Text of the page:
The Movie Tube™ is closed for now. After 7 weeks of treatment we’ve reached no firm conclusion. This isn’t all bad news – based on a scan from two weeks ago and compared to scans from last April and September, the necrosis has gone from “rapidly progressing” to “no change or slightly progressed.” A lack of progress, in this case, is a good thing – another paradox of cancer.

The treatments were supposed to run for a total of 30 – every day, 6 days a week for 5 weeks. But the doc decided to add another 10 and extend it to 40 with some speculation that it would provide a better outcome . At our last meeting, and reviewing the scan, we were both a bit disappointed since we were looking to gain greater ground. The doctor I was working with was always very open to my opinion and asked what I thought. I told her plainly that I was quite tired of CAT scans, PET scans, and MRIs. I’d been poked, prodded, stuck with needles and scoped. And now for the last 7 weeks, I’d been slid in and out of a hyperbaric oxygen chamber on a daily basis. Now we were flying by radar so-to-speak, looking for guidance from images rather than symptoms.

I was the walking book of braille – not so much examined as read.

She agreed a break was called for – and well deserved – although we both knew we weren’t quite done. We agreed to review again in the fall when the insurance company would allow me another PET scan to more accurately gauge the progress. We stood, shook hands and parted ways, having educated ourselves a bit more about process and structure. I stopped in at the treatment room and said goodbye to the technicians who were my tour guides for the last two months. On the way out, I waved to the receptionists and stopped in to thank the billing administrator who spends her days processing patients on paper. Judging by her response, it was a rare occurrence.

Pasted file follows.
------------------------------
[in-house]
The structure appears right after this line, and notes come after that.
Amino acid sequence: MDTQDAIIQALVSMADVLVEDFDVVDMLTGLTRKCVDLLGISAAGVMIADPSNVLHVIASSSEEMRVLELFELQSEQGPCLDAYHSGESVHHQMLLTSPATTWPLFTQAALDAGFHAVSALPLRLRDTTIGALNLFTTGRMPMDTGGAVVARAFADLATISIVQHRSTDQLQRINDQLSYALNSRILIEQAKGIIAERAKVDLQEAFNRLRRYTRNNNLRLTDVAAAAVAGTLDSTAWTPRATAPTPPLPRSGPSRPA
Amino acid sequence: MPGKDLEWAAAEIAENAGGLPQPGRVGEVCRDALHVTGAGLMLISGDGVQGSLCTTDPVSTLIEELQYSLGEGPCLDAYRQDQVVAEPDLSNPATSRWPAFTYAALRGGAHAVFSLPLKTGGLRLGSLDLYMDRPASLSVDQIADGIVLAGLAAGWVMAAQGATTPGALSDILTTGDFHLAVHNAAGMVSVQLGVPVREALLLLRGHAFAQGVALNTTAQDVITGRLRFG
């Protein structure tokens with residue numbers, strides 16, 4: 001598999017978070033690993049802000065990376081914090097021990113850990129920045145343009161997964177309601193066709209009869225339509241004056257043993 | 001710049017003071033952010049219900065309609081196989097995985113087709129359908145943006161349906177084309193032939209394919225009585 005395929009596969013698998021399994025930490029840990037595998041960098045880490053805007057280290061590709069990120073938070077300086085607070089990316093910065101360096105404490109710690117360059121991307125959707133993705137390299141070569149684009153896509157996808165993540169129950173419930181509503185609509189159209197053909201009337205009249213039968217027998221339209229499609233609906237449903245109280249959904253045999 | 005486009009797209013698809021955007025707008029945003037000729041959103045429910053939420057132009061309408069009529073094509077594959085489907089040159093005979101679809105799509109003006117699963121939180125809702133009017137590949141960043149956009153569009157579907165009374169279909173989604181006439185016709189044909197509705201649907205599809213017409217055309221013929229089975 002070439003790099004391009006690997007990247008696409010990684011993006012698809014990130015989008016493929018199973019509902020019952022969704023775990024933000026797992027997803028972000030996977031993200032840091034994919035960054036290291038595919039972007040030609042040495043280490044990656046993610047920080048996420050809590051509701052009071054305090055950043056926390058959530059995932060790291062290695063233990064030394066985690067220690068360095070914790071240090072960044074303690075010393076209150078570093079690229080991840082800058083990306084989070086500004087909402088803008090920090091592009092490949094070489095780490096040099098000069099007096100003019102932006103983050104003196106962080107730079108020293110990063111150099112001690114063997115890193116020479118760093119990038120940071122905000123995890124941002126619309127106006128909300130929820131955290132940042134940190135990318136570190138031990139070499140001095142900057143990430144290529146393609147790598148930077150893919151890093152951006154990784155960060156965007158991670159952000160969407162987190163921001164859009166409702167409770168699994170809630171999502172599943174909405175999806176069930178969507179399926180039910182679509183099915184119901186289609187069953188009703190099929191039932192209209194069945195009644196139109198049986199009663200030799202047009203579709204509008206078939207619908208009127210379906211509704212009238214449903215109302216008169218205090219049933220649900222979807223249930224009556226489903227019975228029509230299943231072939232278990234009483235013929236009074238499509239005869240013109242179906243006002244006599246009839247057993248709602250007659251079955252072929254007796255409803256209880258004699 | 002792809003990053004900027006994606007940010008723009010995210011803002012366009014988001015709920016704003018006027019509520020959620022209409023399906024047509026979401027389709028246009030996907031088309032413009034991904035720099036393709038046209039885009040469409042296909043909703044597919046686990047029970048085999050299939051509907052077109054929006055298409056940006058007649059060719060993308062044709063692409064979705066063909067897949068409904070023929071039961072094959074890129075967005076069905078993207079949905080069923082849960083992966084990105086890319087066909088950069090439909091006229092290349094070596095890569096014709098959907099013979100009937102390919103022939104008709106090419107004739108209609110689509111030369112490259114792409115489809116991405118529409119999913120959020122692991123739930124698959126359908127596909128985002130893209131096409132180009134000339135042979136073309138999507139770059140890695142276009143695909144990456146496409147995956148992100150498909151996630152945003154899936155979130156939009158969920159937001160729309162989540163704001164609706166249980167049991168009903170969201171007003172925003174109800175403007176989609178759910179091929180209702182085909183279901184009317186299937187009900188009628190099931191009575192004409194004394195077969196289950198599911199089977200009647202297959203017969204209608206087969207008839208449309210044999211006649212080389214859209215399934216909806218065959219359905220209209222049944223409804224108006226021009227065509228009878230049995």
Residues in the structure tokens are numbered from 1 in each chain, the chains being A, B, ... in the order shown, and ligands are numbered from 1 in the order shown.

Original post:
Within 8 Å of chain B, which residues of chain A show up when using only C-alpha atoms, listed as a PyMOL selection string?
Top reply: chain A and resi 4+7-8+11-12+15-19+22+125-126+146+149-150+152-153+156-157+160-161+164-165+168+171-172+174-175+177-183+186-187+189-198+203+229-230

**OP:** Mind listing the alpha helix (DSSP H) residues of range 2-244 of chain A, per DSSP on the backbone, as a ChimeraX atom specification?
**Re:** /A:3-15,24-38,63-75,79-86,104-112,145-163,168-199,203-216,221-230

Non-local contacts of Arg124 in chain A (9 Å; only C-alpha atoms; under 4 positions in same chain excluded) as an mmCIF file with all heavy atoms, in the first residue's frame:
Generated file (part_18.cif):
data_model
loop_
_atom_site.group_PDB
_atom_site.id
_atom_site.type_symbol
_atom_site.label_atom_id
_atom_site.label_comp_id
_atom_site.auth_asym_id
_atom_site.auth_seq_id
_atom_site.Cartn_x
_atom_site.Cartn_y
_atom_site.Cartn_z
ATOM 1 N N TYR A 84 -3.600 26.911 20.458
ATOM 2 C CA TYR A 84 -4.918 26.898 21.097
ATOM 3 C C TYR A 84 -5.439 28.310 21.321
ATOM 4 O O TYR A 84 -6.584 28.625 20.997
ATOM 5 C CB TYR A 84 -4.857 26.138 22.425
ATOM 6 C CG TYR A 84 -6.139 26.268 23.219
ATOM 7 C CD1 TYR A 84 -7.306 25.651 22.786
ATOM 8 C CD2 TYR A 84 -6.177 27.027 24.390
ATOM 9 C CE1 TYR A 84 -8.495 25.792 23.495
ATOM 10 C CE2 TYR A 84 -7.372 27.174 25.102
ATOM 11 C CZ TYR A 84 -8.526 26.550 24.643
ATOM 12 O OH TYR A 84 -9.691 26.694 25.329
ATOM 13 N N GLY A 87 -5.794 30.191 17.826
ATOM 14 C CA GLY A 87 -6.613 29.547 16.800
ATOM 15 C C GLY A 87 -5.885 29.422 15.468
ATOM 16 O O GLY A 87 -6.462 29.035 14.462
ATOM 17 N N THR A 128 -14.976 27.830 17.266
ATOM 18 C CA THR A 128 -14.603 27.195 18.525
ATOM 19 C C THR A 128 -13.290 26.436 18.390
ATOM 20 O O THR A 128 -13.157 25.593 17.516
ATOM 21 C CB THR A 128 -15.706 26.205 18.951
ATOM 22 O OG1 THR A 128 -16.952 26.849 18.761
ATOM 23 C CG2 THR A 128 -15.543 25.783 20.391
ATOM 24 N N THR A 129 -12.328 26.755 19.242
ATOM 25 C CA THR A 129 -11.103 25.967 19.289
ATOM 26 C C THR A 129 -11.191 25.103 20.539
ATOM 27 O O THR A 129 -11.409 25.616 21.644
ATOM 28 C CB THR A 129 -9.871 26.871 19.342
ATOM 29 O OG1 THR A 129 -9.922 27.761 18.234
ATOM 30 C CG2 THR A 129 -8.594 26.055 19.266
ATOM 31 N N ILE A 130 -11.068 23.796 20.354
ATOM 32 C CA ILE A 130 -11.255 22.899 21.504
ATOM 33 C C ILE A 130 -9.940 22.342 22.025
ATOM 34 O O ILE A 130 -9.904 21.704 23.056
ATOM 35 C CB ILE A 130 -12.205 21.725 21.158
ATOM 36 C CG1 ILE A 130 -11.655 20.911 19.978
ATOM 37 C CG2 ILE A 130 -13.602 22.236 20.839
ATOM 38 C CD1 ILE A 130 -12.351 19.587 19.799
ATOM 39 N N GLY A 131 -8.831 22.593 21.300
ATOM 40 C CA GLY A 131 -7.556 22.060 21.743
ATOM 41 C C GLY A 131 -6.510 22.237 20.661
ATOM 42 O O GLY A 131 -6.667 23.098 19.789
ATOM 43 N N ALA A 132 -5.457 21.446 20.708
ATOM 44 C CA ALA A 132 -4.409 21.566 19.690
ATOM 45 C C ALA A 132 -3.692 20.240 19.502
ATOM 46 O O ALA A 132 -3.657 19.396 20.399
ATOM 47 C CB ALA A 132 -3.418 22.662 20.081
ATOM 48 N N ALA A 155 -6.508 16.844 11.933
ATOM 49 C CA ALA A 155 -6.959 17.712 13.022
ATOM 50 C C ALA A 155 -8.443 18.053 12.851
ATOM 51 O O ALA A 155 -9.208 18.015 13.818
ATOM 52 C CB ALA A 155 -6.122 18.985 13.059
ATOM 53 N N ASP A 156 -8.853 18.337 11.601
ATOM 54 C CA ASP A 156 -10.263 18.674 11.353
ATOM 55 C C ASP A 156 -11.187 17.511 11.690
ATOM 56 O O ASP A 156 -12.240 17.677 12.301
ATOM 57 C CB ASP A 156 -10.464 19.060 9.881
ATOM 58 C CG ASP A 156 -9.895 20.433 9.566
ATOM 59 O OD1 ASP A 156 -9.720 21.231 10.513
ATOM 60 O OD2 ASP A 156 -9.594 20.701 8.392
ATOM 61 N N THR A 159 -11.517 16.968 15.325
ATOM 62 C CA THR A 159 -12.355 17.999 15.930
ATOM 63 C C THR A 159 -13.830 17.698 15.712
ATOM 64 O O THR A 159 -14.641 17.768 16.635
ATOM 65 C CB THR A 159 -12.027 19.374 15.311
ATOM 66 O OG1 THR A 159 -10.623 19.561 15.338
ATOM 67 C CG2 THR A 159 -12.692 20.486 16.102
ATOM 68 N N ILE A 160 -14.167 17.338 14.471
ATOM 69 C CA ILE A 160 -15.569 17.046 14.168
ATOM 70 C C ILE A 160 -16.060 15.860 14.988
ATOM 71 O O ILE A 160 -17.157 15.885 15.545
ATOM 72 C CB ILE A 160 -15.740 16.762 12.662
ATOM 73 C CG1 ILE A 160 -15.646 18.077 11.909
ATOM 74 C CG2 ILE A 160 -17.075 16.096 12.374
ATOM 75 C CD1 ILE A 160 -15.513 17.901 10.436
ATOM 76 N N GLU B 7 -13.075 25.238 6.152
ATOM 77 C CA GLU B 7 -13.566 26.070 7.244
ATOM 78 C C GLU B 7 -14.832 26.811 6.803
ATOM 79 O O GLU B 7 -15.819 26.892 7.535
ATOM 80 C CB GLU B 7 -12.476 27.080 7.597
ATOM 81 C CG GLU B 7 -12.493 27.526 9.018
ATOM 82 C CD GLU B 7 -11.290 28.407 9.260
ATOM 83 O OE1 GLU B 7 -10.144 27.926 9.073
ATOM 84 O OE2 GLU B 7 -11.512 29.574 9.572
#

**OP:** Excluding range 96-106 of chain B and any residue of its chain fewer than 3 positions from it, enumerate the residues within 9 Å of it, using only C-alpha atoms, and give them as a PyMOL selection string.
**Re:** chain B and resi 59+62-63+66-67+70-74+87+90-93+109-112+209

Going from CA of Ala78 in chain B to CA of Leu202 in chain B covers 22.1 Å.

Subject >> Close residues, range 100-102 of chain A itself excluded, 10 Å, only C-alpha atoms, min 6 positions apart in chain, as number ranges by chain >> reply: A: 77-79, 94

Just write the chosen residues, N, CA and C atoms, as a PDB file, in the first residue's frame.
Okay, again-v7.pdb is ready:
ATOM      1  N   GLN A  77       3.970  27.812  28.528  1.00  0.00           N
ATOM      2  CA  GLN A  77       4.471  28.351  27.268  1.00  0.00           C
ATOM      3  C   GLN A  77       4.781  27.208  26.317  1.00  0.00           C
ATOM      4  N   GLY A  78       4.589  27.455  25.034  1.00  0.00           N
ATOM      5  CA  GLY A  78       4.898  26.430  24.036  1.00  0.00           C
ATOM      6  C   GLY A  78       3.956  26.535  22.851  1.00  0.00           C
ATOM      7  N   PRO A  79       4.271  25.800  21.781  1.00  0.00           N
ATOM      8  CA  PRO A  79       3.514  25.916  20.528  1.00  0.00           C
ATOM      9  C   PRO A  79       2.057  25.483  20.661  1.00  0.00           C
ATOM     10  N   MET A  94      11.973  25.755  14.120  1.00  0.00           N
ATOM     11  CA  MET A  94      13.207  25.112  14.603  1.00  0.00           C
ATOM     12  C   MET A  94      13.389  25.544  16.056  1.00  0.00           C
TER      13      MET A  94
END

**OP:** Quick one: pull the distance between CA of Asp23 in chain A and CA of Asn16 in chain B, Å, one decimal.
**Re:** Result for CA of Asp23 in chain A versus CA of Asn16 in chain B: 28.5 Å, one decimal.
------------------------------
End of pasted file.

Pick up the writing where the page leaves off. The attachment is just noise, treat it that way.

On the way to my office, I felt a bit melancholy. I should have been ecstatic now having my mornings free and not having to be at a treatment center at 7:15 AM every day. But it felt as an odd loss – not unusual for cancer patients who spend weeks in treatment and manage to weave physicians, nurses, physician assistants, and technicians into the fabric of their lives. After all, one way to survive is to just accept it as routine, as something to get done, as mindlessly as brushing one’s teeth, or pulling on one’s socks.

If it can be imagined – as just another ordinary day.

Old Pepper napping…two years ago…she’s much grayer now…